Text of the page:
Reacting to this injustice, when it was time to write the Constitution, America’s founders argued for a Bill of Rights, of which the First Amendment protects the right to free speech. James Madison, the father of the Constitution, was very clear about the fact that he wrote the First Amendment to protect the minority against the majority.

What Madison meant by minority is “offensive speech.”

Unfortunately, we don’t honor that principle as much as we should today. In fact, we seem to be witnessing a politically correct philosophy at play, one shared by both the extreme left and the extreme right, which aims to stifle all expression that doesn’t fit within their parameters of what they consider to be “acceptable” speech.

There are all kinds of labels put on such speech—it’s been called politically incorrect speech, hate speech, offensive speech, and so on—but really, the message being conveyed is that you don’t have a right to express yourself if certain people or groups don’t like or agree with what you are saying.

Hence, we have seen the caging of free speech in recent years, through the use of so-called “free speech zones” on college campuses and at political events, the requirement of speech permits in parks and community gatherings, and the policing of online forums.

Clearly, this elitist, monolithic mindset is at odds with everything America is supposed to stand for.

Indeed, we should be encouraging people to debate issues and air their views. Instead, by muzzling free speech, we are contributing to a growing underclass of Americans—many of whom have been labeled racists, rednecks and religious bigots—who are being told that they can’t take part in American public life unless they “fit in.”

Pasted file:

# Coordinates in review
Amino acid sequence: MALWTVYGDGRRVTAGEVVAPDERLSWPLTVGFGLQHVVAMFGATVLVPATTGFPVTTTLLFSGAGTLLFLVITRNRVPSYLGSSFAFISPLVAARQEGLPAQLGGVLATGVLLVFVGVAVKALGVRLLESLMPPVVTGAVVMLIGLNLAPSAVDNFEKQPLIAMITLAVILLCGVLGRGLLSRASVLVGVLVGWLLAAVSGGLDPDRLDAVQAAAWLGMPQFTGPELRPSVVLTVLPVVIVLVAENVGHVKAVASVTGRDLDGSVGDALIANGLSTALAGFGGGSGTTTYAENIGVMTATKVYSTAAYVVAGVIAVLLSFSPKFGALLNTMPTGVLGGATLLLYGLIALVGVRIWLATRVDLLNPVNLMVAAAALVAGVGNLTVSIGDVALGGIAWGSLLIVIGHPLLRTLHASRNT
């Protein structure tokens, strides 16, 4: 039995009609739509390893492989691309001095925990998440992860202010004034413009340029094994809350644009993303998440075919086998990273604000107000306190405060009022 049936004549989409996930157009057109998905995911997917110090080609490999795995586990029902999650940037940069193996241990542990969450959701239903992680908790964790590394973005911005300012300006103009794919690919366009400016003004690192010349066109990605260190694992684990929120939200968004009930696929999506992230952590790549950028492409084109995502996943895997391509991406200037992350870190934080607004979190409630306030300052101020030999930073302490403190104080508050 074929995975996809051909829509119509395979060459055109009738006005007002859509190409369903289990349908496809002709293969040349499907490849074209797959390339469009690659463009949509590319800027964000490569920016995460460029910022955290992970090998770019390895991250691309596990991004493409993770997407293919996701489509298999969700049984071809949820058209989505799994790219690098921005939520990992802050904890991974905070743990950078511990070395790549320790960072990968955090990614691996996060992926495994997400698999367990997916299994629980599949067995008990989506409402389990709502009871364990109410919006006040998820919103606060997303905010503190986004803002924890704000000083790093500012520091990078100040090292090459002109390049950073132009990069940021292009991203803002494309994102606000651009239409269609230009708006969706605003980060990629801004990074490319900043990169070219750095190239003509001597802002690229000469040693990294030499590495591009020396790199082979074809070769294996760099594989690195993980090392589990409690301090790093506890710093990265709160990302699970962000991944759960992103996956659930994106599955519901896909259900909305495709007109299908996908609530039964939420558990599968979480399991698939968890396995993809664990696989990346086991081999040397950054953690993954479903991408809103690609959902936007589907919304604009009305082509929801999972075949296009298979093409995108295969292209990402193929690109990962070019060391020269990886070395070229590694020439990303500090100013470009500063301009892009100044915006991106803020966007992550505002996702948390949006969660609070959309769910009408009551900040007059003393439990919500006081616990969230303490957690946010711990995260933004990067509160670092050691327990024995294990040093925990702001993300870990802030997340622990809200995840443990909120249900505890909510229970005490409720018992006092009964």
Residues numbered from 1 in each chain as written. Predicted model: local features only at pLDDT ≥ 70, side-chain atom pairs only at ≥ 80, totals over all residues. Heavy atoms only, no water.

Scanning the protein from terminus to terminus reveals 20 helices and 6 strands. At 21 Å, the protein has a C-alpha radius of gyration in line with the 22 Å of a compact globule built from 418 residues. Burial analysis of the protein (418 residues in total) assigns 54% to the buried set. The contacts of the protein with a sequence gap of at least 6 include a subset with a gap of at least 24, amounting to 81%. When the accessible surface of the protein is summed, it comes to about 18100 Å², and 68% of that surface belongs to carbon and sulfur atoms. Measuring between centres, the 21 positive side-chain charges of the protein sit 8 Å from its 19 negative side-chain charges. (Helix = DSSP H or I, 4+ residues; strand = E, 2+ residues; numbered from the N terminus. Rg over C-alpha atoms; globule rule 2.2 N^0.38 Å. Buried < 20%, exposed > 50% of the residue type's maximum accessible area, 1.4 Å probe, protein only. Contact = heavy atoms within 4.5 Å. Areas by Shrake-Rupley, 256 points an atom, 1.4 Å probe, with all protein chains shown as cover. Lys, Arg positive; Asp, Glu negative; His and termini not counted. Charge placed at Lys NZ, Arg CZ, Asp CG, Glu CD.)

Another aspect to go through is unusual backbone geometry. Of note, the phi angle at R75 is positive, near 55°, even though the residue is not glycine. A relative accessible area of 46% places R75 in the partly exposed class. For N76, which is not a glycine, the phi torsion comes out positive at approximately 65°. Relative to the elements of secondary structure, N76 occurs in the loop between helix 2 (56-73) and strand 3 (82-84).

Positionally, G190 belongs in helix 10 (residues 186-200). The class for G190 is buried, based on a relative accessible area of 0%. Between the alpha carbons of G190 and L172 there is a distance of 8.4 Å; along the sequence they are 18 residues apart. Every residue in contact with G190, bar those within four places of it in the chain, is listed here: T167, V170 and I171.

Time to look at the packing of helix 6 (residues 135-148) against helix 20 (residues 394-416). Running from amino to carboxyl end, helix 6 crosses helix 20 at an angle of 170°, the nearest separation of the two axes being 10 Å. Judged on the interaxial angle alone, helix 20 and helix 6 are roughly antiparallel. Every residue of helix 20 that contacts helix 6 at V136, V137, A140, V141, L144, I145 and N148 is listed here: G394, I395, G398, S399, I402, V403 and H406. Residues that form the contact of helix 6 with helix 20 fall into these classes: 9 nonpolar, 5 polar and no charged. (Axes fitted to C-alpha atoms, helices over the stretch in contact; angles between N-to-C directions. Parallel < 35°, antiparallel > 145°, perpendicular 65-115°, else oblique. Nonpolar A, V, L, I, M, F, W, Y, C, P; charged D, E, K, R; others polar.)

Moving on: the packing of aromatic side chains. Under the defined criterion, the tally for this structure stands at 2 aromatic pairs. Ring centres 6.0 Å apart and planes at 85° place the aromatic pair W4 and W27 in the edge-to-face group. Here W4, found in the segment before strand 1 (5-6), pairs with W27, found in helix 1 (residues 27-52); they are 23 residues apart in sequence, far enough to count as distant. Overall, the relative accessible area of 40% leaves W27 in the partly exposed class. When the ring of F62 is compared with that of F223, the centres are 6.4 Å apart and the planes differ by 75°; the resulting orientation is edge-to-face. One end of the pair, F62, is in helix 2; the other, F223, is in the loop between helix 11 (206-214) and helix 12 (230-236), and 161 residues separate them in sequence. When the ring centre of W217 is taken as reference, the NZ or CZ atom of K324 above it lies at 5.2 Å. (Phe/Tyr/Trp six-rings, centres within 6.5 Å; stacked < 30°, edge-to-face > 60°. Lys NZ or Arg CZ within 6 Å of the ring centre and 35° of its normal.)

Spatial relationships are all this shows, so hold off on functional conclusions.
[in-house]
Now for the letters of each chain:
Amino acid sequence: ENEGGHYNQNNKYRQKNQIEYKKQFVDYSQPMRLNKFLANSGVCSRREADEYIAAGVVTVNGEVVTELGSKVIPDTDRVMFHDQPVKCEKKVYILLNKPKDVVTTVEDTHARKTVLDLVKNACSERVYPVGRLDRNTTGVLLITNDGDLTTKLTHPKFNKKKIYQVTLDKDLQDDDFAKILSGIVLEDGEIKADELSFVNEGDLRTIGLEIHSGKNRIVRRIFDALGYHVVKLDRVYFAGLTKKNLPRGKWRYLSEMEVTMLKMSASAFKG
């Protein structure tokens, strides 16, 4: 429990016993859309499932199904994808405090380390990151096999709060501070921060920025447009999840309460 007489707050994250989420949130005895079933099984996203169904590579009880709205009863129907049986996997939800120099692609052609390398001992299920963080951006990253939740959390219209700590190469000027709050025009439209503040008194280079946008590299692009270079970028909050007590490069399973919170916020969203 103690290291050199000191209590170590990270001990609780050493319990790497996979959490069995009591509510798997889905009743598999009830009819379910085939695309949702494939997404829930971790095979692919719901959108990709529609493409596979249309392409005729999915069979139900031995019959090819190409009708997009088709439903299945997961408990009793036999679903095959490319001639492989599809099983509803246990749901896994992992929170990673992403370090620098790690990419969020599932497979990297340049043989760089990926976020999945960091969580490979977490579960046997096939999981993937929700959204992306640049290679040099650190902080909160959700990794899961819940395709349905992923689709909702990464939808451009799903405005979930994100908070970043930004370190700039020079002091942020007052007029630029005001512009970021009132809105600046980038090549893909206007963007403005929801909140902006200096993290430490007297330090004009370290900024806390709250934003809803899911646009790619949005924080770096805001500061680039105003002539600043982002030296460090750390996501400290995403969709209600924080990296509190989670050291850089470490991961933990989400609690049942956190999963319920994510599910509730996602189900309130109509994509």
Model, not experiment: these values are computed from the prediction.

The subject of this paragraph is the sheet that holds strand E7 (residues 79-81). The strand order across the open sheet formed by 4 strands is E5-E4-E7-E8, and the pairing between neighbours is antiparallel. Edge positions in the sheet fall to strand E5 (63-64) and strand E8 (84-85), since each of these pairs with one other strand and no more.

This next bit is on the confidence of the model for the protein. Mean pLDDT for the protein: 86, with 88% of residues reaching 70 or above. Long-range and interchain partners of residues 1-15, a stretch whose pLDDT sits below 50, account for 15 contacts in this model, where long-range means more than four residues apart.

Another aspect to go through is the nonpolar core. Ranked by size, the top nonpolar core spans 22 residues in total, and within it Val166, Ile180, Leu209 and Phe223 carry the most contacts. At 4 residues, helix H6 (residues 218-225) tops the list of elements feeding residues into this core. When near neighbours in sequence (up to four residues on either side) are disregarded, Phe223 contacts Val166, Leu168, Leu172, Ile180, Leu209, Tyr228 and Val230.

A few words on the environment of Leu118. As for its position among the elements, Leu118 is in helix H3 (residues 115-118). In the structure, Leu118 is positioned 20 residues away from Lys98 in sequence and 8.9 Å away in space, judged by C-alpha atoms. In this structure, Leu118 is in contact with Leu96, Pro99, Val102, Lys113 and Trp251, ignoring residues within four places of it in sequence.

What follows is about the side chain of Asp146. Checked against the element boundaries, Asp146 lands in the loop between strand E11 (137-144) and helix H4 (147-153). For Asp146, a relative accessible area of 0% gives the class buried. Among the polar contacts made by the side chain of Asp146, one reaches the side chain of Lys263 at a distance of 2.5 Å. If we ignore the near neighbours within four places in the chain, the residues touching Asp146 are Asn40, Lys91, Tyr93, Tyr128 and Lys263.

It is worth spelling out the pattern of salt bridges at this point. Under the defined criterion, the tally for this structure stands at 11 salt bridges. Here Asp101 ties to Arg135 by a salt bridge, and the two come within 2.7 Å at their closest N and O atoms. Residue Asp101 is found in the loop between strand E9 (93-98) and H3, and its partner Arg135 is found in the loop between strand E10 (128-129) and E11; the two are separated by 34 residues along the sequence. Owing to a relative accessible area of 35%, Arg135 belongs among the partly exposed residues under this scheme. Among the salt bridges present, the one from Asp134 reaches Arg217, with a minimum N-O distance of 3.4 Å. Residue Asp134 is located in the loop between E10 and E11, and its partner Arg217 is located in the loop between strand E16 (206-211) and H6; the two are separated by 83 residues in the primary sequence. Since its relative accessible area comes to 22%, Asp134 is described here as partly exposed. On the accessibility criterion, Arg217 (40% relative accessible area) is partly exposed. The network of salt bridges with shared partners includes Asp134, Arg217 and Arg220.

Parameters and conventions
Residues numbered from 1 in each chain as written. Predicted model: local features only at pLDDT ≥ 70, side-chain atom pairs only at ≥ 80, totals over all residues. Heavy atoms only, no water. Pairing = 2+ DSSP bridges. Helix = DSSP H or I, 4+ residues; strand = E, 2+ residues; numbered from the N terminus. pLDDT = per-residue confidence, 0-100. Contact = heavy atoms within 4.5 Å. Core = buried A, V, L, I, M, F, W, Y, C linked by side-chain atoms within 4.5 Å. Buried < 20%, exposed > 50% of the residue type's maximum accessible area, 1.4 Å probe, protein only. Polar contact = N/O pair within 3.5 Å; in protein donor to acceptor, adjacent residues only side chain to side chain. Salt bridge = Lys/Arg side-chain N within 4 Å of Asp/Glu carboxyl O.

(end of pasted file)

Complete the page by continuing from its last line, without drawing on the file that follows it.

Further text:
Remember, the First Amendment acts as a steam valve. It allows people to speak their minds, air their grievances and contribute to a larger dialogue that hopefully results in a more just world. When there is no steam valve to release the pressure, frustration builds, anger grows and people become more volatile and desperate to force a conversation.

The attempt to stifle certain forms of speech is where we go wrong.

In fact, the U.S. Supreme Court has held that it is “a bedrock principle underlying the First Amendment…that the government may not prohibit the expression of an idea simply because society finds the idea offensive or disagreeable.” For example, it is not a question of whether the Confederate flag represents racism but whether banning it leads to even greater problems, namely, the loss of freedom in general.

Along with the constitutional right to peacefully (and that means non-violently) assemble, the right to free speech allows us to challenge the government through protests and demonstrations and to attempt to change the world around us—for the better or the worse—through protests and counterprotests.

As always, knowledge is key.

The following Constitutional Q&A, available in more detail at The Rutherford Institute (www.rutherford.org), is a good starting point.

Q:        WHAT LAWS GIVE ME THE RIGHT TO PROTEST?